Academic journal article Bulletin of the World Health Organization

Experimental Vaccine Protects Monkeys against Ebola Virus

Academic journal article Bulletin of the World Health Organization

Experimental Vaccine Protects Monkeys against Ebola Virus

Article excerpt

Scientists have created a two-part vaccine that bas protected monkeys from the deadly Ebola virus, they reported in the 30 November 2000 issue of Nature.

One part of the vaccine consists of DNA, "naked DNA", coding for several Ebola virus proteins from the three strains of the virus -- Zaire, Sudan, and Ivory Coast -- known to cause disease in humans. This part is given in three monthly injections to "prime" the immune system of the vaccine recipient. The second part consists of an adenovirus, divested of its disease-causing potential, that carries a Zaire Ebola gene -- one of the same genes contained in the prime part of the vaccine -- into the cells of the vaccinated host. This second part of the vaccine, given 12 weeks after the initial priming series of injections, is designed to boost the immune response.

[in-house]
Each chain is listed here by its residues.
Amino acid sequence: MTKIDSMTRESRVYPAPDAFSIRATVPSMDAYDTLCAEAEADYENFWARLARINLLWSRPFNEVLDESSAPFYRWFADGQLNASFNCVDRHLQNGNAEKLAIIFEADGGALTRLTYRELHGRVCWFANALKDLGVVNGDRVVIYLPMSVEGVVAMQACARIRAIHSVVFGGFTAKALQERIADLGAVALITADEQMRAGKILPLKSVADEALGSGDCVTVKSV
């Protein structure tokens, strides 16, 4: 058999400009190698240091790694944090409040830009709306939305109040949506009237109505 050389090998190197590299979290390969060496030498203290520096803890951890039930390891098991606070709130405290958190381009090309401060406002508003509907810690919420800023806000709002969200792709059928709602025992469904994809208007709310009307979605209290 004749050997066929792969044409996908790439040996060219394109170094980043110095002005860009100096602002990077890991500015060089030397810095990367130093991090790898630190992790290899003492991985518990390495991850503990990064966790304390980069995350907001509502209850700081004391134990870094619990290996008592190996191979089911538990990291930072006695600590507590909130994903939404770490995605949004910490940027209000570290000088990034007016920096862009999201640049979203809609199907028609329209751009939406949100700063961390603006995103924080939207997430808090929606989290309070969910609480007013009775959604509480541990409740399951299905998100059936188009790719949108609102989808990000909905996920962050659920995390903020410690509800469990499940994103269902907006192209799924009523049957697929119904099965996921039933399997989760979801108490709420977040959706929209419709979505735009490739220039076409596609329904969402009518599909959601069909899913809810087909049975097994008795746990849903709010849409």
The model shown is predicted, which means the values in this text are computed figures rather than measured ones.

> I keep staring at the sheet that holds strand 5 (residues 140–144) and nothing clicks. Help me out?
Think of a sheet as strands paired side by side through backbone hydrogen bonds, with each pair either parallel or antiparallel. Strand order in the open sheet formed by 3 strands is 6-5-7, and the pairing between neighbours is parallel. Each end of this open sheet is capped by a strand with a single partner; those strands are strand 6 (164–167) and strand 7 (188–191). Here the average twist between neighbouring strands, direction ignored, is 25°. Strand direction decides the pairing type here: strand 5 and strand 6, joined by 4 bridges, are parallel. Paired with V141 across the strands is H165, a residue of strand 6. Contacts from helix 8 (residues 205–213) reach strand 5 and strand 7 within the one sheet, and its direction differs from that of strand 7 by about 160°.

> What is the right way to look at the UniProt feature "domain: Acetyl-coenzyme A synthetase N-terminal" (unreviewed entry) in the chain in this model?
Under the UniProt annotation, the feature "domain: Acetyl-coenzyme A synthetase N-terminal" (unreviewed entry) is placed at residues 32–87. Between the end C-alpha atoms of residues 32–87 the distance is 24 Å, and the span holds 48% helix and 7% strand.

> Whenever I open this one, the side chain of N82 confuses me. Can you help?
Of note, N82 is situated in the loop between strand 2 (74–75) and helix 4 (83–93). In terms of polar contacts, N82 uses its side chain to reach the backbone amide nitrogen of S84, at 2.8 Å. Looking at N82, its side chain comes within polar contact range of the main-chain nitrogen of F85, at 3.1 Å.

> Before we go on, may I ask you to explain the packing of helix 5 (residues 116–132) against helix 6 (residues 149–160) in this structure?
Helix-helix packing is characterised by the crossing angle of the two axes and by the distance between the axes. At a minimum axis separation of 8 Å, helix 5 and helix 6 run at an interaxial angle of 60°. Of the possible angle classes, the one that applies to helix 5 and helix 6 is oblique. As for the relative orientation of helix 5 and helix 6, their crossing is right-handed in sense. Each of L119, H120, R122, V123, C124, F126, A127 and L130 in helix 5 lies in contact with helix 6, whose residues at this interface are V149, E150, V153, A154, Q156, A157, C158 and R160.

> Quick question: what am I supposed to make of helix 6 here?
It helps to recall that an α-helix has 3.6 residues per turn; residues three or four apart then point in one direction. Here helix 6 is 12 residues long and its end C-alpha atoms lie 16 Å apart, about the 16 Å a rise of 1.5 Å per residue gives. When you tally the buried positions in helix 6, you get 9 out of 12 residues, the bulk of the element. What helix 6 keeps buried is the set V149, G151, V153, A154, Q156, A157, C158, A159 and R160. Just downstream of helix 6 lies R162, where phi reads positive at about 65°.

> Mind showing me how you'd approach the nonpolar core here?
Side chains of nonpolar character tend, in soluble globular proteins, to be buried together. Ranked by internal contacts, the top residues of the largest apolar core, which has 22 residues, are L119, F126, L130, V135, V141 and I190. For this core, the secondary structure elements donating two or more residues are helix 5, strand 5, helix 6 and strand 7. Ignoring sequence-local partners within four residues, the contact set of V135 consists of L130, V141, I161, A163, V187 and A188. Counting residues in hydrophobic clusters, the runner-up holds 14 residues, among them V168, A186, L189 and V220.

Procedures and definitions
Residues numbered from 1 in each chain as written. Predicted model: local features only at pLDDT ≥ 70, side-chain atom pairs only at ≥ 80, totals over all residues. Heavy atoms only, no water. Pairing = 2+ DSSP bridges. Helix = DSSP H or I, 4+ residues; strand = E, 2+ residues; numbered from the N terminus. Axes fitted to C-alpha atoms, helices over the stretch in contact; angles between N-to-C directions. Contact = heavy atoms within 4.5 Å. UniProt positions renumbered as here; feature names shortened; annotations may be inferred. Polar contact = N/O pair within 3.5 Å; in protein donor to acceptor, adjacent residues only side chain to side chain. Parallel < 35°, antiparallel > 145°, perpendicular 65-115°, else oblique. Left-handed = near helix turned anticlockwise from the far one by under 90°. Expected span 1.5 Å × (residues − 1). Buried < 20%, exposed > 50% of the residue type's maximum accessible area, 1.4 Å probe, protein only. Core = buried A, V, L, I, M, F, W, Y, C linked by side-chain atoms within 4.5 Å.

In the study, which was conducted by a group headed by Gary J. Nabel, director of the Vaccine Research Center at the National Institutes of Health (NIH) in Bethesda, Maryland, the "prime-boost" DNA vaccine protected all four vaccinated monkeys against lethal doses of the Zaire strain of Ebola virus. …

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